On October 12, Dr. Mark Edwards, a nationally recognized expert on copper corrosion and one of the whistleblowers in the Flint Water Crisis, will be speaking at the University of Saint Joseph’s Common Read program. The public is invited to attend.
The water crises in Washington DC, Flint, Denmark (SC), and Newark are unique case studies in the recent history of engineering and scientific misconduct, as they illustrate environmental crimes perpetrated by government agencies, which led to criminal indictments and lawsuits.
Aspiring to uphold the duty of scientists and engineers to hold paramount the public welfare, Dr. Marc Edwards (University Distinguished Professor of Civil & Environmental Engineering, Virginia Tech) worked alongside collaborators in the public, press, and in Congress for more than 17 years to uncover some of the wrongdoing.
In Flint, after a unique collaboration exposed the problems and a federal emergency was declared, some unscrupulous reporters, academics, actors, activists, and pseudo-scientists attempted to exploit the tragedy to promote their own agendas.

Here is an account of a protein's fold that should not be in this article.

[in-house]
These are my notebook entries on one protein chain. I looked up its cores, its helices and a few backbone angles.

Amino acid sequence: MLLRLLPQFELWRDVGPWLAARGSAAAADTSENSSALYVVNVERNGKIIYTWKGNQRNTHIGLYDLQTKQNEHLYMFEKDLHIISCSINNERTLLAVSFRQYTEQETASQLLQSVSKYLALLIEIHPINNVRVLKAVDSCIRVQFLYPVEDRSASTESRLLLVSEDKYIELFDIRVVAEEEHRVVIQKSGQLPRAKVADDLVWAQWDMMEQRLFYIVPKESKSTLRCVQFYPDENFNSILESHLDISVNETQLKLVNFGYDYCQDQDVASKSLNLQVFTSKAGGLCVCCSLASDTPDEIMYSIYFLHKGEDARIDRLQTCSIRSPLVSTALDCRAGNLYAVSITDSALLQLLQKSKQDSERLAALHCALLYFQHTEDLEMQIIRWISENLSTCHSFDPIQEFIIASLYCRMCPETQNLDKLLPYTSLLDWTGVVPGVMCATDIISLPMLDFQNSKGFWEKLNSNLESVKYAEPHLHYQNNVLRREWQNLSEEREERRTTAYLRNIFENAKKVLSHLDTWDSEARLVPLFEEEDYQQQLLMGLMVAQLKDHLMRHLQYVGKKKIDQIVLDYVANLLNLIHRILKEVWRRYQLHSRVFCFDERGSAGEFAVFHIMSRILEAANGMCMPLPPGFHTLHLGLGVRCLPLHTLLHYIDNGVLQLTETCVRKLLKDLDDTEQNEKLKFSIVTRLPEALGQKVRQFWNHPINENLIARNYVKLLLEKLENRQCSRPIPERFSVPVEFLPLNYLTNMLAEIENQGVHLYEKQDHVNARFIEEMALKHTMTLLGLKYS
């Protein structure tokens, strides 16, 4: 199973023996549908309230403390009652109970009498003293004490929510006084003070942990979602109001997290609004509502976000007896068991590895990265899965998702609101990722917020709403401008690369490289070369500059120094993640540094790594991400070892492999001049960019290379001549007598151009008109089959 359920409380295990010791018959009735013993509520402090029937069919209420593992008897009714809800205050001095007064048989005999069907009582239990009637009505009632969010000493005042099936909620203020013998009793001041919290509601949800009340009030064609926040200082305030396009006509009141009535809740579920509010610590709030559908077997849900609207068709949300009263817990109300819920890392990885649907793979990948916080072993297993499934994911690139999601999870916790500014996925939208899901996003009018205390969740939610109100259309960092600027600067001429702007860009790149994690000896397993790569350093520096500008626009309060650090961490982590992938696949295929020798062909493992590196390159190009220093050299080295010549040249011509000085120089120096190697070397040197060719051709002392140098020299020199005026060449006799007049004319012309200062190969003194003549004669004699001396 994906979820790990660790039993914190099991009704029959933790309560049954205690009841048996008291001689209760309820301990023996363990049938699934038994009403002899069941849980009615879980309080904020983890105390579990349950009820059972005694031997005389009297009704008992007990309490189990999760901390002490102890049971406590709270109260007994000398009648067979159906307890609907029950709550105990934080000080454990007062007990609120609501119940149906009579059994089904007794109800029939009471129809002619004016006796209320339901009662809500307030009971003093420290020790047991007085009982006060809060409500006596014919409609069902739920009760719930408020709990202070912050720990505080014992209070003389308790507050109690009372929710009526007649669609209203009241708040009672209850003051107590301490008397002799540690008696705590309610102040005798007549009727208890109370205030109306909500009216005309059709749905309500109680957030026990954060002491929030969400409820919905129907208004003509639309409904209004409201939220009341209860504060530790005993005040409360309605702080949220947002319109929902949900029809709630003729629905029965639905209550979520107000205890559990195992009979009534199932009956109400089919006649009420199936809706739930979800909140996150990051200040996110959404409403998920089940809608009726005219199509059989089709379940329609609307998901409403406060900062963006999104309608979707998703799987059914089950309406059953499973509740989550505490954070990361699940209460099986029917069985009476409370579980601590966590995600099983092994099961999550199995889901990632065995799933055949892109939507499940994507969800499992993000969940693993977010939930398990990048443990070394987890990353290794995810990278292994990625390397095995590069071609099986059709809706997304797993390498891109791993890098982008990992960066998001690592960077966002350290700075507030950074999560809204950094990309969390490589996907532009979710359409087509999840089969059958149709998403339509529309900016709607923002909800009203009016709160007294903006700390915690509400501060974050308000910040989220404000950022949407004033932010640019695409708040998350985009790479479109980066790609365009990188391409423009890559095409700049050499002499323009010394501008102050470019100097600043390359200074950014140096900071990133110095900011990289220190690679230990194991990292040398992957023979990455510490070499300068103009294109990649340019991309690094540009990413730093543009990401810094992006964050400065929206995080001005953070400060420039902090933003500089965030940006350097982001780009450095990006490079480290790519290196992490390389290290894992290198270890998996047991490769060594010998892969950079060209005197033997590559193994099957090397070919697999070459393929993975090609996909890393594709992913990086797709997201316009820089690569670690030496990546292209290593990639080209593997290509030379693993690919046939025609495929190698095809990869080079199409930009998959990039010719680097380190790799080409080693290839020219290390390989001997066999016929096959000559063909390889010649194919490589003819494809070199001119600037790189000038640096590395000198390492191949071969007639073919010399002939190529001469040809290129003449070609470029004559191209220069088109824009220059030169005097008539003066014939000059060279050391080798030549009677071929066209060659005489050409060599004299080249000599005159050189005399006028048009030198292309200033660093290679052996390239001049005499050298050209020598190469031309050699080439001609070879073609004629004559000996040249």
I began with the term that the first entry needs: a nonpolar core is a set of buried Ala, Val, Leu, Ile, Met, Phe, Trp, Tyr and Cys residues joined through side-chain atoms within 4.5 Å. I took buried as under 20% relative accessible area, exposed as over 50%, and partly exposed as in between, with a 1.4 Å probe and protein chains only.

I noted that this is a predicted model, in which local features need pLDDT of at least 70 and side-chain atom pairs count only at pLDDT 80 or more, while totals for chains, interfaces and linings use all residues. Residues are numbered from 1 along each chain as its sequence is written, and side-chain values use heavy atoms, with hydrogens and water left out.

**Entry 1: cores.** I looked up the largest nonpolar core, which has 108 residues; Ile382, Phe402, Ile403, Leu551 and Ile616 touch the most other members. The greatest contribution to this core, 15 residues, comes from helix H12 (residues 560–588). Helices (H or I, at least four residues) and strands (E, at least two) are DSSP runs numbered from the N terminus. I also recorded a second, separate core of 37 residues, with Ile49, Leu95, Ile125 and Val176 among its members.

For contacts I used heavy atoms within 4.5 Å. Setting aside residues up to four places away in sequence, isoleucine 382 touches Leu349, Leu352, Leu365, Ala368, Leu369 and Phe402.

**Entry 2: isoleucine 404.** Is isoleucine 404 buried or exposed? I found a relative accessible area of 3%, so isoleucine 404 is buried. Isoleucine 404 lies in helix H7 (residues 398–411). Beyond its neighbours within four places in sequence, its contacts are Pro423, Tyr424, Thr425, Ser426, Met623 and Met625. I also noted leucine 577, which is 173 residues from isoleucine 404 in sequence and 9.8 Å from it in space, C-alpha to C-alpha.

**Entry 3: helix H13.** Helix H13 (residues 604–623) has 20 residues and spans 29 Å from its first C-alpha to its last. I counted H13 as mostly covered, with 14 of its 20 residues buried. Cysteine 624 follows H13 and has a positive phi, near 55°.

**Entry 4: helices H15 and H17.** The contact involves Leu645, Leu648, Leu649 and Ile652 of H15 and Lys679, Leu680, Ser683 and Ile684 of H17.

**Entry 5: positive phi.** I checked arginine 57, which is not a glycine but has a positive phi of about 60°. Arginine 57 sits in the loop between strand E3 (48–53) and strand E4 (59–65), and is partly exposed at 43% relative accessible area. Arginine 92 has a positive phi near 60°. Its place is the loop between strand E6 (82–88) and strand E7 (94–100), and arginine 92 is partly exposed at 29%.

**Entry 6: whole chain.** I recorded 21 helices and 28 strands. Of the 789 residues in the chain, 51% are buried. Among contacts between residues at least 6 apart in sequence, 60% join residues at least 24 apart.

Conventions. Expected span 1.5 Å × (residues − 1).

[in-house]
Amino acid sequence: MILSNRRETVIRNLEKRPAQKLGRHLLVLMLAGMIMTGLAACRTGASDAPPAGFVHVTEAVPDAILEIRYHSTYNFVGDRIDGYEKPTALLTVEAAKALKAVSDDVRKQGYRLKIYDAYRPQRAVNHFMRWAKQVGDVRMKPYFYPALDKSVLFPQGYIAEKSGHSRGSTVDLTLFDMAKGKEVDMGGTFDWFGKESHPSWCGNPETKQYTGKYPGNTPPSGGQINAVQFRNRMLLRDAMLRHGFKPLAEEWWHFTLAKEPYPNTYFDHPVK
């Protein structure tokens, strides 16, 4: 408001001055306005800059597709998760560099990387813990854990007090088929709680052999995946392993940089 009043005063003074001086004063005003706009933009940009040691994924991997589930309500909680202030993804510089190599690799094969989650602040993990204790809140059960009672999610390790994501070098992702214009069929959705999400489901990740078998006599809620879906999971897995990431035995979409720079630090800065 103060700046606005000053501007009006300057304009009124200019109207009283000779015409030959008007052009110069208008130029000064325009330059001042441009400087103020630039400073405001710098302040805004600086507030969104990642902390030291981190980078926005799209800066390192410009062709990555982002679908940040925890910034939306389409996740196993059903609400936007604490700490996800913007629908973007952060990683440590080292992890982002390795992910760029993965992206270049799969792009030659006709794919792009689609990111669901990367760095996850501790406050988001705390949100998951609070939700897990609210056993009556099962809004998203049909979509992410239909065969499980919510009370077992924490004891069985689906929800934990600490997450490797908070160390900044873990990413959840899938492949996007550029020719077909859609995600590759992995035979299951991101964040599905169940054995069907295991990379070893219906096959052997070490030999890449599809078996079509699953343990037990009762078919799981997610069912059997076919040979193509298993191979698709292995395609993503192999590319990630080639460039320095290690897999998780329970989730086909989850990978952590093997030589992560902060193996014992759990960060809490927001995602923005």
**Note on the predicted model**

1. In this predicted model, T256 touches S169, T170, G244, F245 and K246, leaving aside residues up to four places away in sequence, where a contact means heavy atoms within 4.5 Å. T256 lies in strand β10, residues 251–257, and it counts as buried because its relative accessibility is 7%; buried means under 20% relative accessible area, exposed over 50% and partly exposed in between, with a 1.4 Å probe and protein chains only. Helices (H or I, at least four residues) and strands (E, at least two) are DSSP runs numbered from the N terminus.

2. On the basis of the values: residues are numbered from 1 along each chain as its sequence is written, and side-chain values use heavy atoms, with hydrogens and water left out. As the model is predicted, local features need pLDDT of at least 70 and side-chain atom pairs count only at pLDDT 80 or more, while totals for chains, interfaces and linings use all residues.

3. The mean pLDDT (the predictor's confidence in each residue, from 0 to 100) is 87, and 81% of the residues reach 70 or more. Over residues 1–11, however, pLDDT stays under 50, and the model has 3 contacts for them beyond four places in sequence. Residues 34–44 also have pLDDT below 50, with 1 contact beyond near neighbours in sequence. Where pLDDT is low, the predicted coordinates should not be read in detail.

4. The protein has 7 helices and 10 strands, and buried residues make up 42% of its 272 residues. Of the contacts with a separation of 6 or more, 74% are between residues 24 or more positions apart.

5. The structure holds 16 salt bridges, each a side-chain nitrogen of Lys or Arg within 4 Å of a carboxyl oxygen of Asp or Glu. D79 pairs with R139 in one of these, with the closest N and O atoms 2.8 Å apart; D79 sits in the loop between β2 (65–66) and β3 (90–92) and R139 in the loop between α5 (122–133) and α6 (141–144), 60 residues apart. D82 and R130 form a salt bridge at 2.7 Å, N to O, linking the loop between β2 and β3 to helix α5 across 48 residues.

Edwards will explain how these experiences shed light on the importance of truth-speaking in an age of tribalism—and the urgent need to cultivate the scientist within all of us.
The purpose of the Common Read program is to build community among students, faculty & staff and the community, helping all get to know one another and connect to the University’s mission and core values. This year’s Common Read book is “What the Eyes Don’t See” which addresses several of the Sisters of Mercy’s critical concerns, including the protecting our Earth, anti-racism and women’s rights.
All first-year students read the book as part of their courses, and all members of the USJ community, including students, faculty, staff, alumni and community members, are invited to read along and attend all program events.